Today we are taking the opportunity to address some of the questions we hear most frequently about divorce.  As a divorce involves every area of your life, it is only natural for there to be all kinds of questions about it.  We anticipate this being an ongoing series as there are plenty of questions to answer.  If you don’t find the answer to your specific question here, please click here to schedule a consultation with us today so that we can help.

Are divorce papers public?

Answer:  Usually yes.  While this can vary from state to state, Florida has a broad public records policy.  A divorce is a legal action which goes through the court system, which means anything filed in a divorce is public record unless some portion of a document is redacted (because it contains sensitive information) or if the matter is sealed by the court at its conclusion.  One of the many benefits of a collaborative divorce is the minimal number of legal filings required to obtain a divorce—typically even the settlement agreement is excluded from the court record.  If privacy is your primary concern, consider a collaborative divorce.

How long will a divorce take?

Answer:  This depends on many different factors.  A litigated divorce typically takes the longest because the adversarial process adds many steps to a divorce.  In a litigated divorce, communications often go through both attorneys, which can substantially increase the time it takes to resolve any issue.  For example, if Client A is having trouble with an issue related to soccer camp, he brings it up to his attorney, who then contacts Client B’s attorney to address the issue.  Client B’s attorney then contacts Client B to discuss it directly, before then reaching back out to Client A’s attorney to relay the gist of the conversation.  Client A’s attorney then contacts Client A to let them know the results of the communication attempts.  Between scheduling issues, missed phone calls, email delays, etc., it can take weeks to resolve an issue that would take Client A and Client B ten minutes to fix if they discussed it themselves.  As you can imagine, it is common for litigation divorces to have lots of random issues like this come up, all of which act to slow down the process.

Additionally, any time the court becomes involved in resolving a dispute, everyone is bound to that judge’s schedule.  If the judge doesn’t have time for a hearing for two months, which is not uncommon at all depending on the judge and the jurisdiction, then everything is slowed down and delayed.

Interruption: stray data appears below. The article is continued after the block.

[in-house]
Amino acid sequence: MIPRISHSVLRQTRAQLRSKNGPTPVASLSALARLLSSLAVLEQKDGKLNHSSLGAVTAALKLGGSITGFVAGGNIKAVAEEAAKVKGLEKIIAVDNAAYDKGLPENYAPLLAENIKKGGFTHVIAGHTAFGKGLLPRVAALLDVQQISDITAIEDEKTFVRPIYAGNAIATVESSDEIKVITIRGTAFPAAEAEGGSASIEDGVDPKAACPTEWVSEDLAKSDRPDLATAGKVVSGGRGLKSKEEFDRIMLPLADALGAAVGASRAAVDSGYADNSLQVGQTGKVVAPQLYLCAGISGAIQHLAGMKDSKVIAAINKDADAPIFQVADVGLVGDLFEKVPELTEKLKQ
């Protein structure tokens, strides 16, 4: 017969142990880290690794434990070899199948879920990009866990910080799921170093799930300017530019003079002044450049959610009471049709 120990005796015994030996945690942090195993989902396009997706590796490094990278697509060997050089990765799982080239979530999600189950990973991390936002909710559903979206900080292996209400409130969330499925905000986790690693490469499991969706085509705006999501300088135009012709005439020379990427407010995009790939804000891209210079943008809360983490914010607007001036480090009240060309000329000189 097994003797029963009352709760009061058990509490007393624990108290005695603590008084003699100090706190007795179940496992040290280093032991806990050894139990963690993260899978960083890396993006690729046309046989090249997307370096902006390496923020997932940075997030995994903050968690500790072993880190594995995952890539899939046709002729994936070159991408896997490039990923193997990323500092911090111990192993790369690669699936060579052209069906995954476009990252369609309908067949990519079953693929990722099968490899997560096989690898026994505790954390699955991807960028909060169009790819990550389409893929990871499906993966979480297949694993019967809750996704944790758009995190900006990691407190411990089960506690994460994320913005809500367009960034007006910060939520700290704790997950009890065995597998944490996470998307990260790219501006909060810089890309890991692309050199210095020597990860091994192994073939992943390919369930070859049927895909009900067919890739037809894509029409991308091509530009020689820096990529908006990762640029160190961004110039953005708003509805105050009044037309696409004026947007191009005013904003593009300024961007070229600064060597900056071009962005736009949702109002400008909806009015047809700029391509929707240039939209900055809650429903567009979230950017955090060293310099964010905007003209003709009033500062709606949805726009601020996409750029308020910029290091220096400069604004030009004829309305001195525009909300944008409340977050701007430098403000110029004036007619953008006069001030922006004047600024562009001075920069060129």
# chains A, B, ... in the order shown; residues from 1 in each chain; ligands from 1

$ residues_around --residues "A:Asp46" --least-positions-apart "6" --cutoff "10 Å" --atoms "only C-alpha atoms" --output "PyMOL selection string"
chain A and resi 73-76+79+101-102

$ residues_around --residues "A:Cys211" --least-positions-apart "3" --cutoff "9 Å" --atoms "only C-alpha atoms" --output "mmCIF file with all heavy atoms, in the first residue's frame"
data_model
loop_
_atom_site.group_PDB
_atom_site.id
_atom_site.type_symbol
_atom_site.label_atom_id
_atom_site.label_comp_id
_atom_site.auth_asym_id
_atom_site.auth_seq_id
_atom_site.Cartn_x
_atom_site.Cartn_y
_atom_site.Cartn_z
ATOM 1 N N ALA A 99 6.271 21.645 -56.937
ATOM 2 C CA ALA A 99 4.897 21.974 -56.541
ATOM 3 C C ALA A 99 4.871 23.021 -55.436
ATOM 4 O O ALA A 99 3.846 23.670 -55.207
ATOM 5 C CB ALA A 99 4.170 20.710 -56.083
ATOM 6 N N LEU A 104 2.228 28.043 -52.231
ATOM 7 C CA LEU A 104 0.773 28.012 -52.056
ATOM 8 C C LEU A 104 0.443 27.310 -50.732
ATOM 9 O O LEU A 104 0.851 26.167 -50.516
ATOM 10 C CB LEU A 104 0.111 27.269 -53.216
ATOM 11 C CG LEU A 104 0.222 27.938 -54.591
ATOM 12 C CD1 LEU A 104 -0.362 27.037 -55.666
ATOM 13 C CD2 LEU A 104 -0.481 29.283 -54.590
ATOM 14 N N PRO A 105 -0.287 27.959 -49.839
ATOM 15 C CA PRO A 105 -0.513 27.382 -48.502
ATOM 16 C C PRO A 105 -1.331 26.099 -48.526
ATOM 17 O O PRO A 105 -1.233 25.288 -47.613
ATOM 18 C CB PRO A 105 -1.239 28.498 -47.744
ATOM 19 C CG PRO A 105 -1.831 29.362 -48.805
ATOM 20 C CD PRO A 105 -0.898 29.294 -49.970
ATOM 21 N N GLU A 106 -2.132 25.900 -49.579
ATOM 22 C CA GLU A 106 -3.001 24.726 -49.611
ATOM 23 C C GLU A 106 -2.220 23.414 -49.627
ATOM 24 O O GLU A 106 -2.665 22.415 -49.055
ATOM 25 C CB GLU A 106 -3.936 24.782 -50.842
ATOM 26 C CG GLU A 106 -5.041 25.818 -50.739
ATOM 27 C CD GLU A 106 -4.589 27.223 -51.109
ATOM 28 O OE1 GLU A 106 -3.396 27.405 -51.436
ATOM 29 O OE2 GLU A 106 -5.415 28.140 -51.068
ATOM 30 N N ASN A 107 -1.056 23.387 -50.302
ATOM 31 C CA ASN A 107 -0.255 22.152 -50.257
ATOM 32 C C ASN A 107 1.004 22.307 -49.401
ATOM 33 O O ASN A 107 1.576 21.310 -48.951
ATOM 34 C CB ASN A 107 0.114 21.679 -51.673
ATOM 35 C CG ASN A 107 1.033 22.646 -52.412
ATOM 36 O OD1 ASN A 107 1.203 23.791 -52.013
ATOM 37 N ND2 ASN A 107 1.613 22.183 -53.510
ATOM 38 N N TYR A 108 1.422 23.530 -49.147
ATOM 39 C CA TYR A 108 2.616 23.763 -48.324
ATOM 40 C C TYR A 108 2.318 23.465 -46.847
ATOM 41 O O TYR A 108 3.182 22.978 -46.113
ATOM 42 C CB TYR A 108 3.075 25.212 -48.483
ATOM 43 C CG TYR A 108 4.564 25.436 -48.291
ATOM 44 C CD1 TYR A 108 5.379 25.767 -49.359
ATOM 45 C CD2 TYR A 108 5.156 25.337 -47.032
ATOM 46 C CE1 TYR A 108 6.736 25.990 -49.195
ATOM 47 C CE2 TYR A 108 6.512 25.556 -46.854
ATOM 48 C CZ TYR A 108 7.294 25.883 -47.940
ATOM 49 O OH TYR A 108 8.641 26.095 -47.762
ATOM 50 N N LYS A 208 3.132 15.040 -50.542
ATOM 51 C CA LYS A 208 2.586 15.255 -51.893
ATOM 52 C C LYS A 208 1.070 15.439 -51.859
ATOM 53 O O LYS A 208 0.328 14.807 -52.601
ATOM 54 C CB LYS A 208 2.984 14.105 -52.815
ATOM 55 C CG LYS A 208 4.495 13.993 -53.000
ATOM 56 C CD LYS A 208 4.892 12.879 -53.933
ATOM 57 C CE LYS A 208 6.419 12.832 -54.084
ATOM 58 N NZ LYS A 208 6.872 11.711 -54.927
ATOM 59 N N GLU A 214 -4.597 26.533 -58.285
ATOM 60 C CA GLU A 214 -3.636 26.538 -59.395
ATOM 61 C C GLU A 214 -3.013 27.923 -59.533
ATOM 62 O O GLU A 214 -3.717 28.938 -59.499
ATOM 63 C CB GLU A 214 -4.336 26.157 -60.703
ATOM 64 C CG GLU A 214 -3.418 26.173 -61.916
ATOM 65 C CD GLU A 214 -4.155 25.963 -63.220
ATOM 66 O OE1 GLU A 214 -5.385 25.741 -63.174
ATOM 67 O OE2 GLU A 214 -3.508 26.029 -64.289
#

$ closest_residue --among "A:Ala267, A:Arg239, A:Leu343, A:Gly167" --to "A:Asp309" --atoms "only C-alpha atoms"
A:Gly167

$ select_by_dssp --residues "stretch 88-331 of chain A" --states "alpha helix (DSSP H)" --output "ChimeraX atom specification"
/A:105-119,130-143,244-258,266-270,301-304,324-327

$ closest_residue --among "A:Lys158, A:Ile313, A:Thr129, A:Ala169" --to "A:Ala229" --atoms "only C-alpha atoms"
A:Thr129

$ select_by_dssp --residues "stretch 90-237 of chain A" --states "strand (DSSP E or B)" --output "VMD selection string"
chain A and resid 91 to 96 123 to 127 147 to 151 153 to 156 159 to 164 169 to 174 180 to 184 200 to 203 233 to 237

All of this is to say that litigation divorces, depending on things like the number and complexity of issues, the attorneys involved, the court’s calendar, etc., can easily take well over a year to obtain a final judgment, so it is important that you plan accordingly, both financially and mentally.

A collaborative divorce, however, tends to move much faster than a litigated divorce.  Communications tend to be more efficient as everyone works toward a common goal, even if they are not always in agreement about how to get to that goal.  The Collaborative team meetings are agenda-driven and very focused.  As such, more can be accomplished with less time.  Finally, the faster clients are in obtaining the various financial documents needed to understand the family’s picture and build options, the faster the matter can be resolved.  When all is said and done, the vast majority of collaborative divorces resolve within a year of beginning, with many resolving in under six months.  If the time it takes to divorce is your top priority, then consider a collaborative divorce.

Can a divorce settlement be reopened?

Answer:  With a few exceptions, probably not.  Most divorces resolve with a Marital Settlement Agreement (“MSA”), not a trial.  The Agreement may be reached before attorneys are involved, at or after mediation, or even the night before a trial.  But the fact is most divorces end with an MSA that the couple agrees to, often reluctantly.  A settlement agreement is supposed to provide a family with finality and understanding when it comes to the terms of their divorce.